Probably one of the strongest and most storied franchises in gaming history is that of The Legend of Zelda. It’s a series that’s spanned entire generations, and it’s one that has a diverse sampling of fans in age, gender and gaming experience. In the most recent Iwata Asks column featured by Nintendo, Satoru Iwata spoke with several of the developers behind the upcoming Zelda: Skyward Sword about where this entry stands in the overall timeline and who, in terms of players, it’s meant for.
According to Hidemaro Fujibayashi, Skyward Sword is actually the earliest story in the entire Zelda timeline. It’s the first for everything within this game’s lengthy universe.
“Chronologically, The Legend of Zelda: Skyward Sword is the very first story. At the beginning, we talked about how it traces the origin of the Master Sword, but all sorts of other elements develop, so the story is denser than ever before.”
As the developers go on to explain, this being the first story in Zelda‘s timeline, it makes sense that the game and its mechanics would be open wide enough for players of all ages to join in. The team believes MotionPlus facilitates an almost ageless entry level.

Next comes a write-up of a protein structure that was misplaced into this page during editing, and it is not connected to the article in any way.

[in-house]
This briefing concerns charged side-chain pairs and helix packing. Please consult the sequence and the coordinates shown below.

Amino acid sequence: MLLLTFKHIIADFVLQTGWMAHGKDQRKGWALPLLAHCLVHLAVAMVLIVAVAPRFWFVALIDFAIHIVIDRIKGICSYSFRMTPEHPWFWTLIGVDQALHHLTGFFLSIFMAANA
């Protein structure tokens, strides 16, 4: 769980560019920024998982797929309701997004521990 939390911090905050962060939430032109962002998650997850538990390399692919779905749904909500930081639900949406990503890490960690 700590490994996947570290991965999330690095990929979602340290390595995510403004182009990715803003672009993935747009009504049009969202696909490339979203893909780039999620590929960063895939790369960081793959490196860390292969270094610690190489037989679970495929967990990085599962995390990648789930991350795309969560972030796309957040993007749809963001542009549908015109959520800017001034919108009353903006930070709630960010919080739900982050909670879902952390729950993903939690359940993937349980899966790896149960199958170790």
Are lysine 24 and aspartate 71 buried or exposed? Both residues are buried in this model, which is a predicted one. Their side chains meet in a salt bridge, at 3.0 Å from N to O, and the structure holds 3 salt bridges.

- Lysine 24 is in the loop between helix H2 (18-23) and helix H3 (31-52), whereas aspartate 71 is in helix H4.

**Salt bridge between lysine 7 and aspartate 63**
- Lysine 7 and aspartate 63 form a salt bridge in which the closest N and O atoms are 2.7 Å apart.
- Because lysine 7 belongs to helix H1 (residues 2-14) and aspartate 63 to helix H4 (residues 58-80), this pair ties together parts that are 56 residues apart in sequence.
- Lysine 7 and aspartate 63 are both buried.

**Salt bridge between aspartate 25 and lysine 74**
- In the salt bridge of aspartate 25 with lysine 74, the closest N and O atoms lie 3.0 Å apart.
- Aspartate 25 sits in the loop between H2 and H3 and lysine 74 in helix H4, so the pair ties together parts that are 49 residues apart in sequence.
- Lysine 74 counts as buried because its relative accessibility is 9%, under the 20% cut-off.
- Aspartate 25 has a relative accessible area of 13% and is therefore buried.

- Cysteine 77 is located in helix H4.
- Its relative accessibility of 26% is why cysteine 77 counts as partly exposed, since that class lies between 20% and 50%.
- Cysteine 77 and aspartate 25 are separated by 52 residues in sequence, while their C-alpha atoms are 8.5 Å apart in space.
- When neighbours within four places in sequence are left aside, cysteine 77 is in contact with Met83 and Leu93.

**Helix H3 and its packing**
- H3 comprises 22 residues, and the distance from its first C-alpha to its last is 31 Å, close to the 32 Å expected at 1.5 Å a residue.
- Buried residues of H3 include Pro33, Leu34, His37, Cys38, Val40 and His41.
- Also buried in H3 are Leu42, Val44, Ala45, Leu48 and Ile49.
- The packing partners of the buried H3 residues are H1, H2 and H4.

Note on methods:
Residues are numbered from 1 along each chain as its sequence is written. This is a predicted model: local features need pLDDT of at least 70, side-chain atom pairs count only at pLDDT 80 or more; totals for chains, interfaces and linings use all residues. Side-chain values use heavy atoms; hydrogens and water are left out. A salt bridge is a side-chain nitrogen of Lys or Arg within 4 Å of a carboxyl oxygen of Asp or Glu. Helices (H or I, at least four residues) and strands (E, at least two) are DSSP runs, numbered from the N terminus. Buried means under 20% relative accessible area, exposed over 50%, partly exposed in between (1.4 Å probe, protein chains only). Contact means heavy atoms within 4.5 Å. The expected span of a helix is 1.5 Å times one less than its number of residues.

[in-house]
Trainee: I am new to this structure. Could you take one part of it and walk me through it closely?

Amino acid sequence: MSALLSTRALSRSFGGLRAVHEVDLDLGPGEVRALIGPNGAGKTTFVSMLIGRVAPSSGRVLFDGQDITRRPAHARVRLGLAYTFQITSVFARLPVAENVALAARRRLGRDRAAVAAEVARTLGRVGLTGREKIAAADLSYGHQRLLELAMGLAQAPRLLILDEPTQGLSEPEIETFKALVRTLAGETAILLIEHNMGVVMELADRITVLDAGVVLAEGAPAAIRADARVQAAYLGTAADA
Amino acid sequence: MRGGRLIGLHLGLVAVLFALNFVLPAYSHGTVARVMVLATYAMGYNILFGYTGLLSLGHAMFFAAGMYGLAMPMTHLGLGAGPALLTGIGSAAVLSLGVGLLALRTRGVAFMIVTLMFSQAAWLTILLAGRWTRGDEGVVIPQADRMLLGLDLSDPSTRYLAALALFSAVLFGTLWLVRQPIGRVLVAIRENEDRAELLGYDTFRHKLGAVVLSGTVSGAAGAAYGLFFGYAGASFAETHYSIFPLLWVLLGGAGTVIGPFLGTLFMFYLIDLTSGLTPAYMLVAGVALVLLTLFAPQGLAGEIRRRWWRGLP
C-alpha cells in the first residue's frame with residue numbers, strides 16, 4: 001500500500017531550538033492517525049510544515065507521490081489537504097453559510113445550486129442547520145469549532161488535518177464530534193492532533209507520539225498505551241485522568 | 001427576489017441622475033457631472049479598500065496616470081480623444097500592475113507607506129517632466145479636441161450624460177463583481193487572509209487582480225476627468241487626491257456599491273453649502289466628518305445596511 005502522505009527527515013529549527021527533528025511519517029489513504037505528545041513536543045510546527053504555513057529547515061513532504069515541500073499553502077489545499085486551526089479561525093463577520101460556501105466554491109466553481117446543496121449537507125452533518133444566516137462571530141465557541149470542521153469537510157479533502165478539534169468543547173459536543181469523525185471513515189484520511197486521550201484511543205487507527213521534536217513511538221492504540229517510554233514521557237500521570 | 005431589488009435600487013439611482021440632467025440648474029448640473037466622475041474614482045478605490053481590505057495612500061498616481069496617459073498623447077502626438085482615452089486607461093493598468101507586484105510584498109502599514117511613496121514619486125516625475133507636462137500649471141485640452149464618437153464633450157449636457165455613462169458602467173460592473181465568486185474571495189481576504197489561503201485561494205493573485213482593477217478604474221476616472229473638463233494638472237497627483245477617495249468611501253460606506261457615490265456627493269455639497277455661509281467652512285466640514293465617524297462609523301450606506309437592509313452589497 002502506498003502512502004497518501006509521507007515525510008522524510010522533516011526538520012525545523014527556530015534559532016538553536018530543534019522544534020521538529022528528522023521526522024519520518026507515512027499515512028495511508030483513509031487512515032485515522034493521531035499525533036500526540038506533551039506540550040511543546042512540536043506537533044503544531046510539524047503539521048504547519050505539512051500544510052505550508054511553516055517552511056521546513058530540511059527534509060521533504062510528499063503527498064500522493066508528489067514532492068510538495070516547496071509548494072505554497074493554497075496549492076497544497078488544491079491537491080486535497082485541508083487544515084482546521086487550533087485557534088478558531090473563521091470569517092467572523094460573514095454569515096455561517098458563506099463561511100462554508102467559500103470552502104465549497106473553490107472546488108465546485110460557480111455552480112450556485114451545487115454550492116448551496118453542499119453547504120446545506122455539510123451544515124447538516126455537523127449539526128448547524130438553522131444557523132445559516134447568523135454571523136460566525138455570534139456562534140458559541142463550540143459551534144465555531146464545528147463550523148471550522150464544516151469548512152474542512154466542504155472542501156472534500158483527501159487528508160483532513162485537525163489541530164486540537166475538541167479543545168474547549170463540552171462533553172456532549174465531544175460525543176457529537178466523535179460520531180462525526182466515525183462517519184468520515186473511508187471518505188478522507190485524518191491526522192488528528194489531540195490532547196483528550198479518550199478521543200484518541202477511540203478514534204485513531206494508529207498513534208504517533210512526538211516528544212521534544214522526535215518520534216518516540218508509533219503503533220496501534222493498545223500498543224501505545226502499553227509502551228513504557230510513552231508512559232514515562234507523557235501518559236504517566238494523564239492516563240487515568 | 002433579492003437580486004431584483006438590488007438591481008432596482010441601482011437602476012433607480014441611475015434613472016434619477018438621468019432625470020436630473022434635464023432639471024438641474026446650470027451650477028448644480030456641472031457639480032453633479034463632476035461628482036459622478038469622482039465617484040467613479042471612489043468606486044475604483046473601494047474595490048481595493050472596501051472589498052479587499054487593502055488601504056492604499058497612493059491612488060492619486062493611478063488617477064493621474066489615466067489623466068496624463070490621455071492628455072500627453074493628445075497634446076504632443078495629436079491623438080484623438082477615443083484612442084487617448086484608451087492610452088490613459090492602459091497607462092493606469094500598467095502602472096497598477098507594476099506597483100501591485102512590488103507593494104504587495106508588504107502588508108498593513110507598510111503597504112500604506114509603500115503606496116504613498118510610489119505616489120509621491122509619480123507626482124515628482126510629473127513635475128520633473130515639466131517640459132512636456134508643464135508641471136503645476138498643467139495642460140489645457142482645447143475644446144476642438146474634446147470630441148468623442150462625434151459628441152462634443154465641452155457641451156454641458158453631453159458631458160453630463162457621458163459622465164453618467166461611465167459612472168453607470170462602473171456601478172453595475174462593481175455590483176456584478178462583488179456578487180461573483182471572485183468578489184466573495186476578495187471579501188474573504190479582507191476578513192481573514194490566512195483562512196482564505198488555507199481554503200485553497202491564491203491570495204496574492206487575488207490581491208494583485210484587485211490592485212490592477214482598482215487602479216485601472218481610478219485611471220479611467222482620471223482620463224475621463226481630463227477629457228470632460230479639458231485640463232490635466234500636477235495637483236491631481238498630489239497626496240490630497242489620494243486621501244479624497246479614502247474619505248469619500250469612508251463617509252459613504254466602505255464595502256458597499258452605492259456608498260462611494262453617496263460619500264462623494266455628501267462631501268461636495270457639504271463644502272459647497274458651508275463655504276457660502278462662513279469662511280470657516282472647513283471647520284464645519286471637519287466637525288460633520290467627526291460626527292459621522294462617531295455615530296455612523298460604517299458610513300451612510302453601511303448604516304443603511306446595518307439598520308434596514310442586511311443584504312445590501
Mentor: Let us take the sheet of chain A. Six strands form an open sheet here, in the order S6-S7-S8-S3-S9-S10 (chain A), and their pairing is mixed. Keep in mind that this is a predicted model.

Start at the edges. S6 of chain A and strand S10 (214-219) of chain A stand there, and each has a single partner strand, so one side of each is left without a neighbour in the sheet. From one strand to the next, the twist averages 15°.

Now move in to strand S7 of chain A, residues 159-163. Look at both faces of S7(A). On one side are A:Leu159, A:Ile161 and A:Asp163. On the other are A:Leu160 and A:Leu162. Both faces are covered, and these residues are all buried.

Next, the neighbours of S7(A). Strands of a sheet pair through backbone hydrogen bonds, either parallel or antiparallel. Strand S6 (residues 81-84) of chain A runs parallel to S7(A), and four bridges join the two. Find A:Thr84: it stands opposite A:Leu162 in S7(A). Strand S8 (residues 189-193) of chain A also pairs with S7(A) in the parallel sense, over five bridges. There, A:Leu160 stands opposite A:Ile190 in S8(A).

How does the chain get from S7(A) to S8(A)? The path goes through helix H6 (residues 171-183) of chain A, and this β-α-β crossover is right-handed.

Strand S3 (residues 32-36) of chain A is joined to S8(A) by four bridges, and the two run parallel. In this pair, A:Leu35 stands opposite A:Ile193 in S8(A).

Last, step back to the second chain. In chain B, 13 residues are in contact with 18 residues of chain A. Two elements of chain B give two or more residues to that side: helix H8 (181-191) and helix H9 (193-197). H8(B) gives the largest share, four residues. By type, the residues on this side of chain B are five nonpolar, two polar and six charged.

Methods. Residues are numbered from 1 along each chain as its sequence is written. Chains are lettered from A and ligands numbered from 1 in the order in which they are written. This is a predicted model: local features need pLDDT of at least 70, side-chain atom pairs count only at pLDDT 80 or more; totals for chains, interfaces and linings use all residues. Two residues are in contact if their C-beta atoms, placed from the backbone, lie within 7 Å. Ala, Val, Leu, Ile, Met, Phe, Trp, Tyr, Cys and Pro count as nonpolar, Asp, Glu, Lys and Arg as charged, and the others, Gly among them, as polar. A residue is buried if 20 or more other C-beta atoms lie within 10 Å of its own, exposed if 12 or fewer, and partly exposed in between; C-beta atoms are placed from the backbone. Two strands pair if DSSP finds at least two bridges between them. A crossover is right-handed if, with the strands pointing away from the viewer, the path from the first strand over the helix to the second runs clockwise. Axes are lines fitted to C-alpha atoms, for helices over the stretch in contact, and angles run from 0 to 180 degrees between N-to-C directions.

Here’s an exchange between Satoru Iwata, Hidemaro Fujibayashi and Eiji Aonuma on the matter of this game as a point of entry:
Iwata: You’ve prepared a good entrance into the series both for people who know The Legend of Zelda up to this point and for people who don’t.
Fujibayashi: Speaking as the director, we paid constant attention this time to making the game playable even for five-year-olds or nine-year-olds. We tried to make something that would not have a setting enjoyable only by fans or something only the creators would be happy with. And more than anything, this time you can have sword fights with Wii MotionPlus.
Iwata: In a sense, everyone is a beginner when it comes to that. The story is the first one and it is the first Legend of Zelda game to use the Wii MotionPlus technology.
Aonuma: That’s right. Everyone is starting from zero. It’s the first Legend of Zelda game for everyone. For one thing, it begins with how to use Wii MotionPlus as a tool. And once you become accustomed to this tool, you can experience the mysterious sense of it matching the movement of your body.
As an editorial note, WiiMotion Plus may make the game mechanically approachable to five-year-olds, but the difficulty of the puzzles within the title will keep them away from long gaming stints without assistance. I’ve been playing the title for more than a week now, and I’ll say that it’s puzzling elements are challenging and inventive enough to give even tried Zelda fans a run for their money.
The Legend of Zelda: Skyward Sword will sell for the Wii on November 20th.
[via Iwata Asks]
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